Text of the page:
Today the Alabama State Board of Education published a list of 75 “failing” schools in the state of Alabama.
You may review the list of schools in Trisha Powell Crain’s article here. It includes two schools in Huntsville City: Lee High School and Columbia High School.
You should also give Anna Clarie Vollers’ article a look as she deftly points out that the decline in the number of “failing” schools in Huntsville is the result of just one thing: closing (or renaming) those schools.
As Vollers writes: “Johnson was the only Huntsville City school on the failing list in 2015. In 2014, nine schools were on the failing list, some of which have since closed or merged with other schools: Butler High, Chapman Middle, MLK Jr. Elementary, Davis Hills Middle, Ed White Middle, Johnson High, Lakewood Elementary, Dawson Elementary and Westlawn Middle.”
Johnson wasn’t on the list this time because the board closed/renamed Johnson as Jemison, and as Vollers points out:
when a school that was on the failing list in the past closes and then opens with a new name and school code, that school does not appear on the failing list as there is no data for the school.
So, the most reliable way to get off the failing school list is to close the school. Keep this in mind; it’s crucially important.
The State creates this list by looking at each school’s scores on the ACT Aspire test. This is the same ACT Aspire test that HCS students have been guinea pigs for since 2012 when Dr. Wardynski made a deal with ACT for that purpose.
The most important fact to remember about this list is that by state statute no matter how improved a school may be from one year to another, no matter how much the educational process has improved over time, six percent (6%) of all of the schools in the state will be on the “failing” list.
Let me say that again.
No matter what, 6% of the state’s schools will always “fail.”
Setting Up to Fail
Let me ask you, when you were in school, did you want to be graded on a curve, or did you prefer receiving the grade you earned regardless of how your peers did on the test?
Let’s imagine this situation: You are in a class with 100 students. Your teacher gives you a test, and on that test the grades ranged from 100 down to lets say six students who made a 75.
Using the system that the state legislature has devised, those six students who made a 75 on the test are automatically given an F. Is this an accurate representation of the work those six students did?
Let’s imagine another situation: You are in a class with 100 students. Your teacher gives you a test, and on that test the grade ranged from say a 50 down to lets say six student who made a 25.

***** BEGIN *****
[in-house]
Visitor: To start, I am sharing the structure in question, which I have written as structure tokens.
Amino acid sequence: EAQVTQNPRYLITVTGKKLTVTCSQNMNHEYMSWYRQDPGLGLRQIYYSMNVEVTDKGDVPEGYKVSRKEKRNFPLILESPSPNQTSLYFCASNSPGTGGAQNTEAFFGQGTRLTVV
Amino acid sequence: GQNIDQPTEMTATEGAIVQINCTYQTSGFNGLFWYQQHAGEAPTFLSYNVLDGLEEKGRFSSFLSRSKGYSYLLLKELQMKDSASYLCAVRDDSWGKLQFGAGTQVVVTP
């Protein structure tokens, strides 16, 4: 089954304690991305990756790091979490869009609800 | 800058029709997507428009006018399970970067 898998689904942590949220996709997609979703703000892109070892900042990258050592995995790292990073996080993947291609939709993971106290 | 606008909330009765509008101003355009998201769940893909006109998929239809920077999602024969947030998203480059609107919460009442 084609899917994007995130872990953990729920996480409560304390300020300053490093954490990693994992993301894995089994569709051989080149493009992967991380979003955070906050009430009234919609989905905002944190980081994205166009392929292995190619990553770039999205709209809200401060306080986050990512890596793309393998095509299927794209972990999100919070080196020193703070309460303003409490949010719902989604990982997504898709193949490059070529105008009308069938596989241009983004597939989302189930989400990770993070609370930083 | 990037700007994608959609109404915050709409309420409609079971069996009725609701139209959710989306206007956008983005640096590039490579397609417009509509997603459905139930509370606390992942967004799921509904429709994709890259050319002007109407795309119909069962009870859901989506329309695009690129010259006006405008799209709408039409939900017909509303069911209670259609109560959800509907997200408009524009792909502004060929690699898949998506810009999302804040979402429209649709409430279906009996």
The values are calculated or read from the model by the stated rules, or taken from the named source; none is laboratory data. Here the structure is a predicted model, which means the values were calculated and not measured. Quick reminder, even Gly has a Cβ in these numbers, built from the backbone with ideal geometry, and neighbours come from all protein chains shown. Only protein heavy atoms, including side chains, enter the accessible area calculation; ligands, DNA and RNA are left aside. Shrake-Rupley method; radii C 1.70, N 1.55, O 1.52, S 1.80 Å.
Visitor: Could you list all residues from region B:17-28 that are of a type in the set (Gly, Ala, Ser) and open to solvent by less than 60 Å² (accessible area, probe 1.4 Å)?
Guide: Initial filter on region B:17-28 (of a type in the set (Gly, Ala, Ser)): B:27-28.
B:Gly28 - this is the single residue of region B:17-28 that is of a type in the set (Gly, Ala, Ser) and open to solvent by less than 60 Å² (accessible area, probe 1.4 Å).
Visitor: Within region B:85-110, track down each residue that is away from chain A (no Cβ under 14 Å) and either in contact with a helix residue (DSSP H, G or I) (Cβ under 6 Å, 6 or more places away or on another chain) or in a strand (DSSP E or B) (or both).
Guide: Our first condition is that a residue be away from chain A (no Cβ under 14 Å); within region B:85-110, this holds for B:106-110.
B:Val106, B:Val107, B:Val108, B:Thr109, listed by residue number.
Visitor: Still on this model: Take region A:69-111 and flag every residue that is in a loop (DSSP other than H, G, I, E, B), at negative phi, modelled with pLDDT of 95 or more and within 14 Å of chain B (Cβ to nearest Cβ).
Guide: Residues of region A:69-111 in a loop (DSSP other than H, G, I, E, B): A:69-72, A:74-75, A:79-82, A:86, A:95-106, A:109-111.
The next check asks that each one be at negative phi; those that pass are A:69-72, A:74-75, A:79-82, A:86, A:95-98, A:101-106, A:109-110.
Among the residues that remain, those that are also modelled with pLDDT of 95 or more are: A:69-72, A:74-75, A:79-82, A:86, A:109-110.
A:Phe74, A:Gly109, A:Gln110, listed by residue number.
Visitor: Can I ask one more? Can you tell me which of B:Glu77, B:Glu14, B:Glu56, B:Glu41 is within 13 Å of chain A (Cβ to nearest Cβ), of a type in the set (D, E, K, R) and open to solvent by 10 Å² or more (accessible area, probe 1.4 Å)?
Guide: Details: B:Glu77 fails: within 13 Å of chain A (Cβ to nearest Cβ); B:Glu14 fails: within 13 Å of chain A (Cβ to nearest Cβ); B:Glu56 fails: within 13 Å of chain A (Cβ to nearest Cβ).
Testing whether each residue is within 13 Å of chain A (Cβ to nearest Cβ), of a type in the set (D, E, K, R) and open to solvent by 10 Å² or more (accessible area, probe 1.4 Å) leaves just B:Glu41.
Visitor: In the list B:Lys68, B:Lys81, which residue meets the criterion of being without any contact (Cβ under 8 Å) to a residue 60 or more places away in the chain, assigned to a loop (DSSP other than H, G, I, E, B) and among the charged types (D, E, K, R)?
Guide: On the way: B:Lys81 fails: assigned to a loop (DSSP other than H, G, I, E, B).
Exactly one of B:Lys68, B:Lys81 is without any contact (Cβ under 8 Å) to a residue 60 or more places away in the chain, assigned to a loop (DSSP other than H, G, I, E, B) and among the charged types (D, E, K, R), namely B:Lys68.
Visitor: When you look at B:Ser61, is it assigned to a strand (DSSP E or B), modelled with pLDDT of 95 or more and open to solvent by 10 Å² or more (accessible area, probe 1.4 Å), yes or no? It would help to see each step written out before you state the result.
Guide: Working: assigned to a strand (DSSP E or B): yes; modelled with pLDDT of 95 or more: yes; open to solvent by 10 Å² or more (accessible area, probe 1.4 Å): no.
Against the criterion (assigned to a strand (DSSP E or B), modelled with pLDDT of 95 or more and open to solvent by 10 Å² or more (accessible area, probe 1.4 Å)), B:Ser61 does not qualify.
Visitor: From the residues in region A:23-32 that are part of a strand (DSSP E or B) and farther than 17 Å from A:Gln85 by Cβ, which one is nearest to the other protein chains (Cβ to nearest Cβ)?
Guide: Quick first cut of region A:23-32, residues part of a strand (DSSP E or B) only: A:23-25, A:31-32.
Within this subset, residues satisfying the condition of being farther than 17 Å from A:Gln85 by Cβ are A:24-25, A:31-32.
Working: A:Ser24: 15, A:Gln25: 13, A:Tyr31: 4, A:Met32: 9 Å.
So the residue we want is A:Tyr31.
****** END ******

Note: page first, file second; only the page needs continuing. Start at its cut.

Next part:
Using the system that the state legislature has devised, those six students who made a 25 on the test are automatically given an F, but the other 94 students would receive a passing grade. Is this an accurate representation of the work those 94 students did?
Either way, this system is setting up 6% of the school to fail. And it is giving the 94% a false sense of achievement.
This system is not designed to give parents an accurate understanding of the educational quality of the schools in the state.
It is instead designed to set up 6% of the schools to fail.
Well, that’s simple. Being on the failing list means that the state will give you a little bit of money, a fraction of the amount it was paying to education your child, to pull your kids out of the failing school.
At first, this seems reasonable as who would want to be in the bottom 6%? Shouldn’t we close those failing schools down anyway?
But the problem is that when we do close that 6% down, what happens next year?
Another 6% will, by statute, take its place.
Zero Sum Thinking Doesn’t Work in Education
This system is based on the flawed understanding that education is a zero sum game. The state legislature and sadly our HCS Board President, Elisa Ferrell, as well are convinced that education is a competition. And as we all know, in any competition, there can only be one winner. I suspect that this is why when Vollers asked Ms. Ferrell about the failing school list, she repeated put the responsibility of improving on the schools themselves:
I’m very confident they’ll work their way off the list.
It’s nice of Ms. Ferrell to share in taking responsibility for her role in improving our schools, isn’t it? Ms. Ferrell and the state legislature are wrong about this. Education doesn’t work this way, and it never has.
I know it’s unpopular to say this in this state today, but education is the ultimate participation trophy: Everyone who participates in education wins.
The student who gets a full-ride scholarship to Harvard as a result of her GPA and ACT scores benefits from participating in education.
The student who is on the autism spectrum, like my son, who learns life skills that help him navigate this increasingly insane and hostile world with a bit more independence benefits from participating in education.
In fact, a student like my son will actually benefit from his education far more than the student going to Harvard. The Harvard student would likely be successful no matter what.
It’s a pity that Ms. Ferrell isn’t aware of this. You would think that someone who was on the board of education would actually have an understanding of how education works.
I’m convinced that the state legislature is completely aware of it, however. This system of grading schools is just a way for the state to cut back on education expenditures because an educated populace is harder to control.
The purpose of this “failing” school list is simply to close down schools.